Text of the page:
A familiar sprinter popped up as the fastest qualifier into Wednesday’s 400m semifinals at the world championships: Grenada’s Kirani James.
James, who in 2012 became his small island nation’s first Olympic medalist (it was gold), has hardly been seen in competition since taking silver in Rio behind world-record-breaker Wayde van Niekerk.
That’s because he was diagnosed with Graves’ disease, an autoimmune disorder that causes an overactive thyroid. James learned of it after the April 2017 Drake Relays, when he finished sixth in his slowest final time in nine years. James said afterward that he wasn’t injured or fatigued, but he soon learned what was really wrong after a series of tests.
“What was the worst point? When I wasn’t feeling like me,” James said after Tuesday’s first-round heats in Doha, where he clocked 44.94, off his personal best of 43.74. “It’s a strange feeling because nobody knows your body better than yourself. When your body is telling you something, it’s like, OK, something’s wrong.”
Upon the diagnosis, James’ coach at the University of Alabama (where he ran collegiately) instantly thought of two-time Olympic 100m champion Gail Devers. Devers was diagnosed in the early 1990s. It was reportedly so dire that Devers, during radioactive iodine treatment, was reduced to crawling from room to room. Devers came back to make four more Olympic teams, including those 100m golds in 1992 and 1996.
“If she can get back, then we just have to follow a plan,” James said.
James did not mention any treatment other than medication he takes every morning and that he is at the end of a two-year cycle. The disease saps energy and causes weight loss. James then had to gain weight in treatment — he went from a race weight of 175 pounds up to 200 before dropping back down.
“Essentially what I had was a hyperactive thyroid. Only way you can [treat it] is kill off the thyroid,” he said. “It kind of goes from overproducing to zero, and then you have to take medication to balance it off. It takes a while for the medication to reach a certain level it’s supposed to. It’s kind of balancing off right now.”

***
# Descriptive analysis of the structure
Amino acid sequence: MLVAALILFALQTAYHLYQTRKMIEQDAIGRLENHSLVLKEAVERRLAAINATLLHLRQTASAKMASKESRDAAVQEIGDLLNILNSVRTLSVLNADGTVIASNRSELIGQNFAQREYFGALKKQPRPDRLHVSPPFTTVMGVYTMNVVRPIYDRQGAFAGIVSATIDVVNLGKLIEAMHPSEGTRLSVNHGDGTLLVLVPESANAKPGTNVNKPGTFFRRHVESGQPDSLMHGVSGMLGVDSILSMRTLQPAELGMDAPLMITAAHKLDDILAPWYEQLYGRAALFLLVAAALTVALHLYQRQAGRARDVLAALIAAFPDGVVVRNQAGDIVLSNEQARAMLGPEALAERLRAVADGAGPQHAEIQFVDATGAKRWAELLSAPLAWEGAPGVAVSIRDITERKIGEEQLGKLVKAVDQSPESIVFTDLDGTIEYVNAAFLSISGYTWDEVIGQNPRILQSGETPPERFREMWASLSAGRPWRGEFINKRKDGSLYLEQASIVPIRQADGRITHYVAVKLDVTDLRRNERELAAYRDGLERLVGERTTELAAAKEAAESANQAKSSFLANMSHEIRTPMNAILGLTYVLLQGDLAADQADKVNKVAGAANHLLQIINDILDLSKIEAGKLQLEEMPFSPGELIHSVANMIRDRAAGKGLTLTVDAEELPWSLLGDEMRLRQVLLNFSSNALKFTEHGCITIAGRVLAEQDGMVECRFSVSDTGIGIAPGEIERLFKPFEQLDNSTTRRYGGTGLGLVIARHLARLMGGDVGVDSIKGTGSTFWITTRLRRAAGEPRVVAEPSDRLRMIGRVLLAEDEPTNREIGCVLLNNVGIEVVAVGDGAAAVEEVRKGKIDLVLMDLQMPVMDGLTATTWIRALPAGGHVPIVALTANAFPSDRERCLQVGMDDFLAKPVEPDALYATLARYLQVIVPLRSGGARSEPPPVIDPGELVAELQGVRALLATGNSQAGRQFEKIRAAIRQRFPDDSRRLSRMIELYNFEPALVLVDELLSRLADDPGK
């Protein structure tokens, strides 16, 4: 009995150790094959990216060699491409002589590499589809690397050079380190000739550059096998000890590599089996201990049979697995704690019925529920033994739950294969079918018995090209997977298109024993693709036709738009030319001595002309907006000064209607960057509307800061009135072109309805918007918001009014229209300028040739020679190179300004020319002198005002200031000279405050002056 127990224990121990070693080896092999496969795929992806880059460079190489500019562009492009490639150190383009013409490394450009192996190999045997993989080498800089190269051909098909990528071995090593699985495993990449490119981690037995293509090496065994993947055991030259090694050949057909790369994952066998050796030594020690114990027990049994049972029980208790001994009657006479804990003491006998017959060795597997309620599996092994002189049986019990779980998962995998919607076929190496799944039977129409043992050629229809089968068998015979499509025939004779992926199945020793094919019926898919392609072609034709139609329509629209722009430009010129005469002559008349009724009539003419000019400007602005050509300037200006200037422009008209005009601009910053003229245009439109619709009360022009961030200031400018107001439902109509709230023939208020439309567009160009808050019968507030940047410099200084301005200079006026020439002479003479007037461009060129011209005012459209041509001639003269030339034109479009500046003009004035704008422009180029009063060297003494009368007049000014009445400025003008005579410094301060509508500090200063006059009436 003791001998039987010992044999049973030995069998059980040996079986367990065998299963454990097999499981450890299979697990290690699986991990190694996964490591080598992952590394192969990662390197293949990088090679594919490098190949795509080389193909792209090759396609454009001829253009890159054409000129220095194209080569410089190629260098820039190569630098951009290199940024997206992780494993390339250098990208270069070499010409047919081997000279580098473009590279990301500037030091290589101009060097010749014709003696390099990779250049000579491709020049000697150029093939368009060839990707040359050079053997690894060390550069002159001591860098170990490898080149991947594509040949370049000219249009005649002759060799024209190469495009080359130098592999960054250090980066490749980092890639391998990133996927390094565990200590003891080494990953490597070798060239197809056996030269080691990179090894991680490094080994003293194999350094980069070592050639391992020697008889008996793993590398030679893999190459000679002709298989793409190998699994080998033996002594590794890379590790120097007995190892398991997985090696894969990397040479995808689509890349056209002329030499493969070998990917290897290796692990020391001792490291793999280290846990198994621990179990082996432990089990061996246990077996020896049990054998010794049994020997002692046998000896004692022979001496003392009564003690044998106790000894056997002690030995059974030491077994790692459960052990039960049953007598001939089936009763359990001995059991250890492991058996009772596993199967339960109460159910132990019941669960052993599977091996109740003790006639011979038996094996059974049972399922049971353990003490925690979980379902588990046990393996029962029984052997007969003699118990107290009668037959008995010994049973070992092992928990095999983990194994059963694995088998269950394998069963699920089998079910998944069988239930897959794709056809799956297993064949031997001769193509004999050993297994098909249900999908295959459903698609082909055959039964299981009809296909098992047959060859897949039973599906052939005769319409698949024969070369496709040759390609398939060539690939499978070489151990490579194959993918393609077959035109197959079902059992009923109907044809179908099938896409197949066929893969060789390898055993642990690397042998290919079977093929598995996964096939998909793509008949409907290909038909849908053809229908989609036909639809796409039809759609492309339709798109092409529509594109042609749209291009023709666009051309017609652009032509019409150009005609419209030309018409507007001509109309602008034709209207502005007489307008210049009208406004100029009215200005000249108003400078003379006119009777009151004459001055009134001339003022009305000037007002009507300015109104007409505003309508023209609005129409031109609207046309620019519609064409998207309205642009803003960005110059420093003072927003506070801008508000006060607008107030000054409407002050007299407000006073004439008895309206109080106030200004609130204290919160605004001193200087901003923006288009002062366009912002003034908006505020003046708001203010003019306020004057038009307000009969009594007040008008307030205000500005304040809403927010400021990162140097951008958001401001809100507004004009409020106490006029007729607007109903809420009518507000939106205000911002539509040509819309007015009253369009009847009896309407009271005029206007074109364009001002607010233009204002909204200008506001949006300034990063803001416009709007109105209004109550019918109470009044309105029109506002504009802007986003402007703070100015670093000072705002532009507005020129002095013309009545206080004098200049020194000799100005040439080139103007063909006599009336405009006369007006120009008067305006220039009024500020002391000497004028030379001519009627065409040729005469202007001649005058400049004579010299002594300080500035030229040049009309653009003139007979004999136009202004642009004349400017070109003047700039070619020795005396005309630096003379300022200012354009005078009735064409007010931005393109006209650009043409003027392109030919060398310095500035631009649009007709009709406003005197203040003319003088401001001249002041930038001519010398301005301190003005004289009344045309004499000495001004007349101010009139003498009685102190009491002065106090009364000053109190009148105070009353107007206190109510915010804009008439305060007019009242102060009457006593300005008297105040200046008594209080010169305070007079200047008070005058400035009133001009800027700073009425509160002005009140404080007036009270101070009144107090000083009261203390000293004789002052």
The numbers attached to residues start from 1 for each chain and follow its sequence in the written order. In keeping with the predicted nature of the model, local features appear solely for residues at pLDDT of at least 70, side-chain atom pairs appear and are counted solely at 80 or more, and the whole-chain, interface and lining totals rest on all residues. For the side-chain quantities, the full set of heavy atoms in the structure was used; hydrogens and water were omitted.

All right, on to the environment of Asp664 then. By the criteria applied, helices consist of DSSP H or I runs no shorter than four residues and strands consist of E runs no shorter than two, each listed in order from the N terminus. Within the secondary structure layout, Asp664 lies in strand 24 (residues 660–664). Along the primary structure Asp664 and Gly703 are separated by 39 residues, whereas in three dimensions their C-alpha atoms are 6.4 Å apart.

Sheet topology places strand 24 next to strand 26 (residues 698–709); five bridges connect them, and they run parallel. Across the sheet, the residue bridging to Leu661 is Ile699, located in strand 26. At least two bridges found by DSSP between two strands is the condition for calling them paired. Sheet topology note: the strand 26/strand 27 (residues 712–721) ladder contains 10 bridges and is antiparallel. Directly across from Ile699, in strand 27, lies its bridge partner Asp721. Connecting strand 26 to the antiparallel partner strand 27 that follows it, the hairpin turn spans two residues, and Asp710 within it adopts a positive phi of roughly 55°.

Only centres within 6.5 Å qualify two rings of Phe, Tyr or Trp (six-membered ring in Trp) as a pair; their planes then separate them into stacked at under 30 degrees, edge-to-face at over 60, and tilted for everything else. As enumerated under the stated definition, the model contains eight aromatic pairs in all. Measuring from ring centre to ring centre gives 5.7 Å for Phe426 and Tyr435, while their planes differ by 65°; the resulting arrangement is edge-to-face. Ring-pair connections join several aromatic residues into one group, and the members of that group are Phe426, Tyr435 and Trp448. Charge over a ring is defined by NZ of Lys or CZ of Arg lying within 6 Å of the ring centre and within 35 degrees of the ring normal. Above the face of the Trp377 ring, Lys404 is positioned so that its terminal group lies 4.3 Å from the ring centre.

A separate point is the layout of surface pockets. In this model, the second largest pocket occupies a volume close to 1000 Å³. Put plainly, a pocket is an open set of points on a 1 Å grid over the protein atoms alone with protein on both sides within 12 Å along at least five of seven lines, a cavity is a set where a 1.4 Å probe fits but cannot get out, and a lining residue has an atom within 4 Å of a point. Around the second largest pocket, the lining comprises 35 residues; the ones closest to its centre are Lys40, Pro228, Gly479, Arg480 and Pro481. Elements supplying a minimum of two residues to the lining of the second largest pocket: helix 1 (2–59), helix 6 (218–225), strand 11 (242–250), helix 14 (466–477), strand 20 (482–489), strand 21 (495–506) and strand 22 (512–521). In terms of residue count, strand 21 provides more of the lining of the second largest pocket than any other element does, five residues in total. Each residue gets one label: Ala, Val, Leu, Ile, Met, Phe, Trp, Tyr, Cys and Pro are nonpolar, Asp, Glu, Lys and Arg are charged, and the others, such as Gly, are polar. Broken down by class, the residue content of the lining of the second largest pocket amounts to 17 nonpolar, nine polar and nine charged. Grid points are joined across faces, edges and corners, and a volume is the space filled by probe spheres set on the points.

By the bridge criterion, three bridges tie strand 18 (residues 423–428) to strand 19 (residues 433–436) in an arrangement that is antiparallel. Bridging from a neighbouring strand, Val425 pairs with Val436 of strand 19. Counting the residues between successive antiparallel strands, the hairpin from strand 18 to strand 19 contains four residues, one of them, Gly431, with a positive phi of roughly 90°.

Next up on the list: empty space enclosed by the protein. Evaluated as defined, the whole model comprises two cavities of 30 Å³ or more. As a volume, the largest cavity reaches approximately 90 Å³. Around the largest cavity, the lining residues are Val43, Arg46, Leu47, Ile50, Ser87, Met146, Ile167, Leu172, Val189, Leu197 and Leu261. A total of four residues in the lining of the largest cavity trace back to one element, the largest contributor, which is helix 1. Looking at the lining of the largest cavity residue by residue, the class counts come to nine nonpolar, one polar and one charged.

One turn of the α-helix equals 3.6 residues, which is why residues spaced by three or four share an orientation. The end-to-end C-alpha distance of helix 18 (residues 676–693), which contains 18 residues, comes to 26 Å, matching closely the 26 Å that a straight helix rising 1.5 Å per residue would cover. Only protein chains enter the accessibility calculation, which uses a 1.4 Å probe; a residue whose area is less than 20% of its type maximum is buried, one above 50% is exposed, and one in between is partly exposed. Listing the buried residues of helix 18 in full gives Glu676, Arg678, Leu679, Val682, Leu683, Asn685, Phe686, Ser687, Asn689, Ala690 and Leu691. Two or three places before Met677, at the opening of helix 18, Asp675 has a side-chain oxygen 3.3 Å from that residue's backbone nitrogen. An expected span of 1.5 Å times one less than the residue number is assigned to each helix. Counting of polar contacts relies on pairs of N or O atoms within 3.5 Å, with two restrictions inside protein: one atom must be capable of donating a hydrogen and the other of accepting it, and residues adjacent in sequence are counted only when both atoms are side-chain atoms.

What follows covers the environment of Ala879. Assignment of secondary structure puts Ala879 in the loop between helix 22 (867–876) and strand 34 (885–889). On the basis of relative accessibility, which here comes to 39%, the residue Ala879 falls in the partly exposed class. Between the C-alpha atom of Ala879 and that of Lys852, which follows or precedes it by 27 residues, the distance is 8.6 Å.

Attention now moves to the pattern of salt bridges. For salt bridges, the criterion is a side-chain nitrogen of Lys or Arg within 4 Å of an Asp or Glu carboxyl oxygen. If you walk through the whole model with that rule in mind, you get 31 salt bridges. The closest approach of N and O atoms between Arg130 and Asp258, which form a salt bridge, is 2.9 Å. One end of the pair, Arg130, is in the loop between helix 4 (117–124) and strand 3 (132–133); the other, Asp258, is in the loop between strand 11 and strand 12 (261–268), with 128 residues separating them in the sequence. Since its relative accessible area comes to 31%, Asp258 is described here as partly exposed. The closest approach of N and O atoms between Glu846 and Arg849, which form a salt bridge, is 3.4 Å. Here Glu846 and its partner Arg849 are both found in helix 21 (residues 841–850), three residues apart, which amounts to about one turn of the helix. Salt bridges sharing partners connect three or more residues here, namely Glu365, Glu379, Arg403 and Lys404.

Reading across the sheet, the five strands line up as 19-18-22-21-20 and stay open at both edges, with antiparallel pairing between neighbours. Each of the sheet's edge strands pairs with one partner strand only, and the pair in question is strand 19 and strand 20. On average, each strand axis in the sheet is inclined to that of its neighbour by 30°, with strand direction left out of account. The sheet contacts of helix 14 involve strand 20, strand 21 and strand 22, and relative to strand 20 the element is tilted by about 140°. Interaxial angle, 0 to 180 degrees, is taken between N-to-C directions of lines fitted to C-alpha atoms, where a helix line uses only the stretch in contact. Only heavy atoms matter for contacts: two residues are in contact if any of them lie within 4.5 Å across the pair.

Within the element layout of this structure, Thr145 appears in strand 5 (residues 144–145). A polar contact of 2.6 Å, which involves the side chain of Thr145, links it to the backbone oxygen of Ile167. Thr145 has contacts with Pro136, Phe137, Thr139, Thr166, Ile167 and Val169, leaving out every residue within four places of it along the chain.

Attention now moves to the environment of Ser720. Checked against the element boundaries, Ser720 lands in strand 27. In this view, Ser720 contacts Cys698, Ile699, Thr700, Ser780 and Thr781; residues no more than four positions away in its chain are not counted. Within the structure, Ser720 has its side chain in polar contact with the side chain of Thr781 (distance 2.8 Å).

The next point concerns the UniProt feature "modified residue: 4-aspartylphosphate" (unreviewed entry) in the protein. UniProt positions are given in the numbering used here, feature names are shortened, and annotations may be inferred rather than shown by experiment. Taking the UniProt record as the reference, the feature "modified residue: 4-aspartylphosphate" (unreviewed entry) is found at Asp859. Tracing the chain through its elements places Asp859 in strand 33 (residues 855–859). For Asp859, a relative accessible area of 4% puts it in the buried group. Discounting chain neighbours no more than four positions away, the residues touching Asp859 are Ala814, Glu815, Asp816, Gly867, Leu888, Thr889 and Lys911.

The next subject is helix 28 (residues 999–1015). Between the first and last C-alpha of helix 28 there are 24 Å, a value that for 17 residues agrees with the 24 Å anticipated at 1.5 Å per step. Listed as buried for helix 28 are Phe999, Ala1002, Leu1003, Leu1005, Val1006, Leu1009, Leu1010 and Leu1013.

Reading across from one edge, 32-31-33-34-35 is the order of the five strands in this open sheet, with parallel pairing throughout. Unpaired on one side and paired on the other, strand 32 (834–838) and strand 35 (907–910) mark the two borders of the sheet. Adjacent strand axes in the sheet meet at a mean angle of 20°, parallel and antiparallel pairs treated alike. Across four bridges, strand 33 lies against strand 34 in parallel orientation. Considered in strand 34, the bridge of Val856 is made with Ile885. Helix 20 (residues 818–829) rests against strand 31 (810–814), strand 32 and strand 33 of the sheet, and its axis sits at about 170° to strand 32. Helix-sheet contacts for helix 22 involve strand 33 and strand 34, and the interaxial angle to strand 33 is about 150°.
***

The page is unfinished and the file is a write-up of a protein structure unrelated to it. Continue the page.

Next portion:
James snuck into these world championships by posting a qualifying time in a small meet in Spain on Sept. 6, the very last day to become eligible. It was his first race since July 21, 2018 after he missed the 2017 Worlds with the disease.
James is seeded seventh at the world championships with a best time this season 1.02 seconds slower than world leader Michael Norman. But, for what it’s worth, he was faster than Norman and the other favorite, U.S. champion Fred Kerley, in Tuesday’s heats.
James is the lone Olympic 400m medalist entered at worlds. Other champions van Niekerk and LaShawn Merritt have also been sidelined for most of this Olympic cycle.
“Our event is so volatile where there is so much turnover of athletes,” James said, noting he was the only 2012 Olympic finalist to make the 2016 Olympic final. “It shows you how crazy our event is. My aim is to be consistent and not try to compare myself to a lot of the guys.”
James said he’s essentially cured but is on lifetime medication.
“I just have to try to be realistic and know that the next round is going to be even tougher,” he said, looking ahead to the semifinals and, potentially, the final.
NBC Olympics senior researcher Alex Azzi contributed to this report from Doha.
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